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What Is a Kilobase?

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  • Written By: Jillian O Keeffe
  • Edited By: PJP Schroeder
  • Last Modified Date: 02 December 2016
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A kilobase is a numbering measurement used in the field of genetics. As a base is one building block of genetic information, and every organism contains many bases, 1,000 bases is a common number to use when discussing how many bases an organism's genetic library contains. This 1,000 base chunk is more properly referred to as a kilobase.

Every living organism contains genetic information. This information spells out to the organism exactly which protein products the organism needs to live, grow, and multiply. All of the genetic information together is called the genome of the organism.

Each genome is split into discrete sections. These sections, called genes, code for a particular product. Each gene contains a string of building blocks, called bases. When the organism reads the genes to produce a particular product, it is the sequence of bases inside the gene that it reads.

Only four bases exist in the genetic material DNA. These are cytosine (C), guanine (G), thymine (T), and adenine (A). It is the order in which the bases are arranged in a gene that dictates what that gene codes for. The complexity necessary to produce all the products essential for human life arises from the length of the genes and the number of the bases inside them.

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Genes each contain a remarkable number of bases. The entire human genome, for example, contains 3 billion bases, each paired with another base in a spiral helix structure. The sheer amount of bases present in a genome mean that geneticists find it easier to refer to genes as being x kilobases in length, as opposed to 1,000 times x in length.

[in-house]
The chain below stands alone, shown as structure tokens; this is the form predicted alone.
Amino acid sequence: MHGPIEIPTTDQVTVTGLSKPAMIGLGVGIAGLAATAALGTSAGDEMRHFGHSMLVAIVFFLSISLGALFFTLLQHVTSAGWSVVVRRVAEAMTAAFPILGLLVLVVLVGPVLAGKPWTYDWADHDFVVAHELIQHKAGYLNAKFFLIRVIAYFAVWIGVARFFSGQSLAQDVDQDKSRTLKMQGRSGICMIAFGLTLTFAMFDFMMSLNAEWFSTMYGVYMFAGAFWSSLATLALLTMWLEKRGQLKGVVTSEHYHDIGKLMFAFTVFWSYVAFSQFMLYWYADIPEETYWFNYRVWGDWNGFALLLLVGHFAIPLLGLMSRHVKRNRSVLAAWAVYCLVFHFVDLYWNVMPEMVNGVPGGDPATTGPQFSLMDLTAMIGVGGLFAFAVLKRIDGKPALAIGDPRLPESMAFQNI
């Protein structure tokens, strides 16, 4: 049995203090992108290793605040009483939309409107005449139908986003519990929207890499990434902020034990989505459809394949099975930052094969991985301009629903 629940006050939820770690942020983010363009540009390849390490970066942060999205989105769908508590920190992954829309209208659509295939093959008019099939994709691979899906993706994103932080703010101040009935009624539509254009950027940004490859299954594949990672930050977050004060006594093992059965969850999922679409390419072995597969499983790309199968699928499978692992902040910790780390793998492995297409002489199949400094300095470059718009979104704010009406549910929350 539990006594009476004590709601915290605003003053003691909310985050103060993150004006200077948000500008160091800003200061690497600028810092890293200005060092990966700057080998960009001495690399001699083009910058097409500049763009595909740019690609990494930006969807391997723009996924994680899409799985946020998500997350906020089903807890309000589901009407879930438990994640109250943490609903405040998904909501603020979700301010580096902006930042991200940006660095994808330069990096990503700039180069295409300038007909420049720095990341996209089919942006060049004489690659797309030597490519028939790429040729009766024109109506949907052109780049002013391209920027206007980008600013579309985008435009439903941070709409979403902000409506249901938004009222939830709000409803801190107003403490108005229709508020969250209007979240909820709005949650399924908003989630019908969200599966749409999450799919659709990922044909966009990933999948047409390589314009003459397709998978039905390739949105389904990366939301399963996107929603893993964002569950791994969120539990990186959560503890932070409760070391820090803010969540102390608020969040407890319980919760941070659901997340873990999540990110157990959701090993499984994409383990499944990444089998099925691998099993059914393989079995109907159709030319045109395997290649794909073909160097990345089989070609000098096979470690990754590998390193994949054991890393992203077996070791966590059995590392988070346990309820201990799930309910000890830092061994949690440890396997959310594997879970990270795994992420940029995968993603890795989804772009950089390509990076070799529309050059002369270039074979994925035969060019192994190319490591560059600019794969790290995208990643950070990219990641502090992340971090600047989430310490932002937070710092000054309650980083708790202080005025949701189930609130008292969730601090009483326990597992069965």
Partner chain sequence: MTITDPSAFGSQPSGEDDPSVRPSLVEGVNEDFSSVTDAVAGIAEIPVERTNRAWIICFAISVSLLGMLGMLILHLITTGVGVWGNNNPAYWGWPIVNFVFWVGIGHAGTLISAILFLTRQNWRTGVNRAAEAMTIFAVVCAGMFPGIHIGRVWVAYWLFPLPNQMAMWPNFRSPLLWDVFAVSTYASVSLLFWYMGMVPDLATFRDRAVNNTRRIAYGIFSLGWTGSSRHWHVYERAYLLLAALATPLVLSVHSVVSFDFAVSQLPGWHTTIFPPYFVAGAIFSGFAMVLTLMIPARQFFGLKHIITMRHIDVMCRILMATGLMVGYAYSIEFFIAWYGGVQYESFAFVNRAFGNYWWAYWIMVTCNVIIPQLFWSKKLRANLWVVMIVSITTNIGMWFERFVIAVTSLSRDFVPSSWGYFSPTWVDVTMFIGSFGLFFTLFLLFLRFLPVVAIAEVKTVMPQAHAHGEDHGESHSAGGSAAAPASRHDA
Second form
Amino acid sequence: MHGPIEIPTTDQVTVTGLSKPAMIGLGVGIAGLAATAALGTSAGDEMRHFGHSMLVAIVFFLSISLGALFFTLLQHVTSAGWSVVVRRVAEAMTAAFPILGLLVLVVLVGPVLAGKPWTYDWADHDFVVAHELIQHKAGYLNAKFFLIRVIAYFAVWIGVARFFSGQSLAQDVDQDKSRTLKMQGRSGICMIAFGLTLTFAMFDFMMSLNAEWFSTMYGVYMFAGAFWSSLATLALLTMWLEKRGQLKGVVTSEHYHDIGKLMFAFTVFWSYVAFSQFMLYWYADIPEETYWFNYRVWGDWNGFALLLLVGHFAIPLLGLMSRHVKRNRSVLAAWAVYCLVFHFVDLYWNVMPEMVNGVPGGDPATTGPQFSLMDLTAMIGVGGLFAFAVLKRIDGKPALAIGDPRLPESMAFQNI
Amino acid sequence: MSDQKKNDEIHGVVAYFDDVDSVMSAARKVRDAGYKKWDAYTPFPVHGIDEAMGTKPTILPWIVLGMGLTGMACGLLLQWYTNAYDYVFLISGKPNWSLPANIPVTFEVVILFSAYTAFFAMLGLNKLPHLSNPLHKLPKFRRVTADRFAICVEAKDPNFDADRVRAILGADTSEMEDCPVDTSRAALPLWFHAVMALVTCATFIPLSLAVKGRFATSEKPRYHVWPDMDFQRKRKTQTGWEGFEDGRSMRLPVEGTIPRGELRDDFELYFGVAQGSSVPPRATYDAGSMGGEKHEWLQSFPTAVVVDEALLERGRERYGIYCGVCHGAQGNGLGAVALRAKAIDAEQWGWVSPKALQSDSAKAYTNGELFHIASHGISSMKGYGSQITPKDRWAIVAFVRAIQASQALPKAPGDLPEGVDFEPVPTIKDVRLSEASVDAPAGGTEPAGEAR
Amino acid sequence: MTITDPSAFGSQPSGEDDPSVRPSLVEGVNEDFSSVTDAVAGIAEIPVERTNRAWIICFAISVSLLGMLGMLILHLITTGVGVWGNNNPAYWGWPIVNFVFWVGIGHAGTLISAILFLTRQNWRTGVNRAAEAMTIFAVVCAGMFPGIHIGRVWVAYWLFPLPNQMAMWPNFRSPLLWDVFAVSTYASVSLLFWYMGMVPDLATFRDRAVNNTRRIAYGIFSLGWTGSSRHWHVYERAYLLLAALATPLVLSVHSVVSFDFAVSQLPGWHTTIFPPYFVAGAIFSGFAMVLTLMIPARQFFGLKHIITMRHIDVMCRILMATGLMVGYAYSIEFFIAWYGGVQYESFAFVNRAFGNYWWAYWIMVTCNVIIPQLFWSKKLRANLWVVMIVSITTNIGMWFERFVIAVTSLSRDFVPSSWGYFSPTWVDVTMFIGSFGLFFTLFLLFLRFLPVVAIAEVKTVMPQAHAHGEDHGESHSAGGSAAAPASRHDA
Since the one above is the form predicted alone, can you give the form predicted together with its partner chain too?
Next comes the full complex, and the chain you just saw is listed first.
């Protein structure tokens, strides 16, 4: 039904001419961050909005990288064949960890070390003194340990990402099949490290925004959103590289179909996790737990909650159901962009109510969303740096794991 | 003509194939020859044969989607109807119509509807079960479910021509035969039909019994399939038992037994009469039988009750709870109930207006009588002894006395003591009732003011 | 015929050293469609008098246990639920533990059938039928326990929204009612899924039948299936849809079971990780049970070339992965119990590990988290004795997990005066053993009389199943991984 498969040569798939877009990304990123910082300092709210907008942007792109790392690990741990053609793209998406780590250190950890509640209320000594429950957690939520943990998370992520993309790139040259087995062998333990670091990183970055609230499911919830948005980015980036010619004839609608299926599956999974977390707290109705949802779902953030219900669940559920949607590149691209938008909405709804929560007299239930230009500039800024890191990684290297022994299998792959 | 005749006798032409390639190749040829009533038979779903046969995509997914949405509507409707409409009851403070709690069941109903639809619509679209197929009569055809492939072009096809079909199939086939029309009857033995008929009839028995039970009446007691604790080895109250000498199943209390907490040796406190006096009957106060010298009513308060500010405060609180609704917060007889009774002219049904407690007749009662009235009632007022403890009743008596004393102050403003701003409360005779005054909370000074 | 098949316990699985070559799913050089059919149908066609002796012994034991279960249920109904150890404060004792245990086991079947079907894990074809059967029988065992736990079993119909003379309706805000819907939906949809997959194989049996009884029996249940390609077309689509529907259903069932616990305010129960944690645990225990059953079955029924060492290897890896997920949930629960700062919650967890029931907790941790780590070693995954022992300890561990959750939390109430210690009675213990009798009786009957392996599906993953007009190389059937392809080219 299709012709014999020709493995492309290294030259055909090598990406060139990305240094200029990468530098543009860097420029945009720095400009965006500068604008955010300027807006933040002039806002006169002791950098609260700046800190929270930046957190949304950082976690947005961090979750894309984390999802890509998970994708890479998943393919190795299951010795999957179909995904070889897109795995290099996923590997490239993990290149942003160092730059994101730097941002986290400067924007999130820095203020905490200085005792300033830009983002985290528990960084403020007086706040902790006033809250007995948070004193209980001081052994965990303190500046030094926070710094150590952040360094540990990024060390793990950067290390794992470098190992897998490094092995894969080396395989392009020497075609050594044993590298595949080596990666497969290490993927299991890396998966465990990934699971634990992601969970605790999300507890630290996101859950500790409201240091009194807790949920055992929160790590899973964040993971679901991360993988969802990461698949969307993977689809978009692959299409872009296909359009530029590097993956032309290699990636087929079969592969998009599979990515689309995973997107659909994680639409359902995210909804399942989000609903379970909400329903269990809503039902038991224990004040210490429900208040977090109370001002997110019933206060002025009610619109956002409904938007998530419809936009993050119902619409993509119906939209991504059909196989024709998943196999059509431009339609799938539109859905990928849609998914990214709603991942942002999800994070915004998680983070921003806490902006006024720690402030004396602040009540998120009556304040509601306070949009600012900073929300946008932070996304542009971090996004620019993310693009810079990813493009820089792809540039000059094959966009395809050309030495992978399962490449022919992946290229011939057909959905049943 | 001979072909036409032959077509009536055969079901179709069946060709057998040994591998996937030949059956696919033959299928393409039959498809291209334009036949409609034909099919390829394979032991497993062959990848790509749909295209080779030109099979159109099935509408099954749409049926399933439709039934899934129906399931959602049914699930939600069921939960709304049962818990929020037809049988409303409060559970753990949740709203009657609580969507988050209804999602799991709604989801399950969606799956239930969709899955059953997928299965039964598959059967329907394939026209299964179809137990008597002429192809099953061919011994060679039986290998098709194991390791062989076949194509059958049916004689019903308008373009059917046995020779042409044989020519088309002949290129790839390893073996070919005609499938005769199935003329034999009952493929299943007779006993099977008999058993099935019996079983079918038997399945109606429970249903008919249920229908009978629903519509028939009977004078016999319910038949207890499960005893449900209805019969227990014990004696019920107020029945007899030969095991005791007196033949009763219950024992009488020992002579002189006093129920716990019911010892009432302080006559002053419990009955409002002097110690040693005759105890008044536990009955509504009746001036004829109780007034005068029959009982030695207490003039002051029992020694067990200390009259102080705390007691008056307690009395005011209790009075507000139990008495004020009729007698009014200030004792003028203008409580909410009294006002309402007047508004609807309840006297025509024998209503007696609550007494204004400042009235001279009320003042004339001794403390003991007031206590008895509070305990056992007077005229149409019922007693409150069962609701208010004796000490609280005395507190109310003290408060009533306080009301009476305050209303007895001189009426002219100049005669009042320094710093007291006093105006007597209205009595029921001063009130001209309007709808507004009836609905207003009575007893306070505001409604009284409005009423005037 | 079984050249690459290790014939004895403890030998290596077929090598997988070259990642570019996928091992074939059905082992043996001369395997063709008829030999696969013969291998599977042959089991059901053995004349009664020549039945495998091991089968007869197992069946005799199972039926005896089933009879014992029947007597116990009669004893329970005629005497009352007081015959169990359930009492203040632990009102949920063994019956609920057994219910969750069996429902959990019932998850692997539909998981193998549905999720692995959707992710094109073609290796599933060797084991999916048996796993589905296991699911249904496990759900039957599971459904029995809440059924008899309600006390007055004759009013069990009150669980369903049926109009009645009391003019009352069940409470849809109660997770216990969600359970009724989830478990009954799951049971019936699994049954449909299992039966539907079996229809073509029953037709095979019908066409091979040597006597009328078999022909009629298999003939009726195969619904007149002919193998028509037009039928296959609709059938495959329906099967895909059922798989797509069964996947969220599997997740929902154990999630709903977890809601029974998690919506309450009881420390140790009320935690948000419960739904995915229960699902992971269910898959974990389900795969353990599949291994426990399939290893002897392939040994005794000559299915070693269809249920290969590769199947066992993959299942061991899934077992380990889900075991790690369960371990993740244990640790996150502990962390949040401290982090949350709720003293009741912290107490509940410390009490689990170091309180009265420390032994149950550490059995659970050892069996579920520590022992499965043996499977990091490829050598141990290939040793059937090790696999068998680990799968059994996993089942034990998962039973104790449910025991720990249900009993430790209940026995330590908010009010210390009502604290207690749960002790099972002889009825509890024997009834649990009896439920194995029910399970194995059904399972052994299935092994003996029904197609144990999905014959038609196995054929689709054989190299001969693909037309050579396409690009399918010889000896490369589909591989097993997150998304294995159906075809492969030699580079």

Even the smallest of genomes, such as the Carsonella ruddii bacterium genome, hold about 160,000 base pairs. This tiny genome is about 160 kilobases (kb) in length. The human genome, on the other hand, is 3 million kilobase pairs in length.

Sequencing of genomes requires that the genome be broken up first. Equipment that performs the sequencing can only handle so many bases at one time. Geneticists can split up a genome into many sections and refer to them as containing so many kilobase pairs, such as a length of 150 kilobase pairs. This size of genetic material can be genetically engineered into another organism in order to multiply the DNA up to a level that is easily readable. Even these relatively small pieces of DNA are too long for sequencing directly, so geneticists may then break up a 150-kb segment into much smaller portions of a few hundred bases in length.

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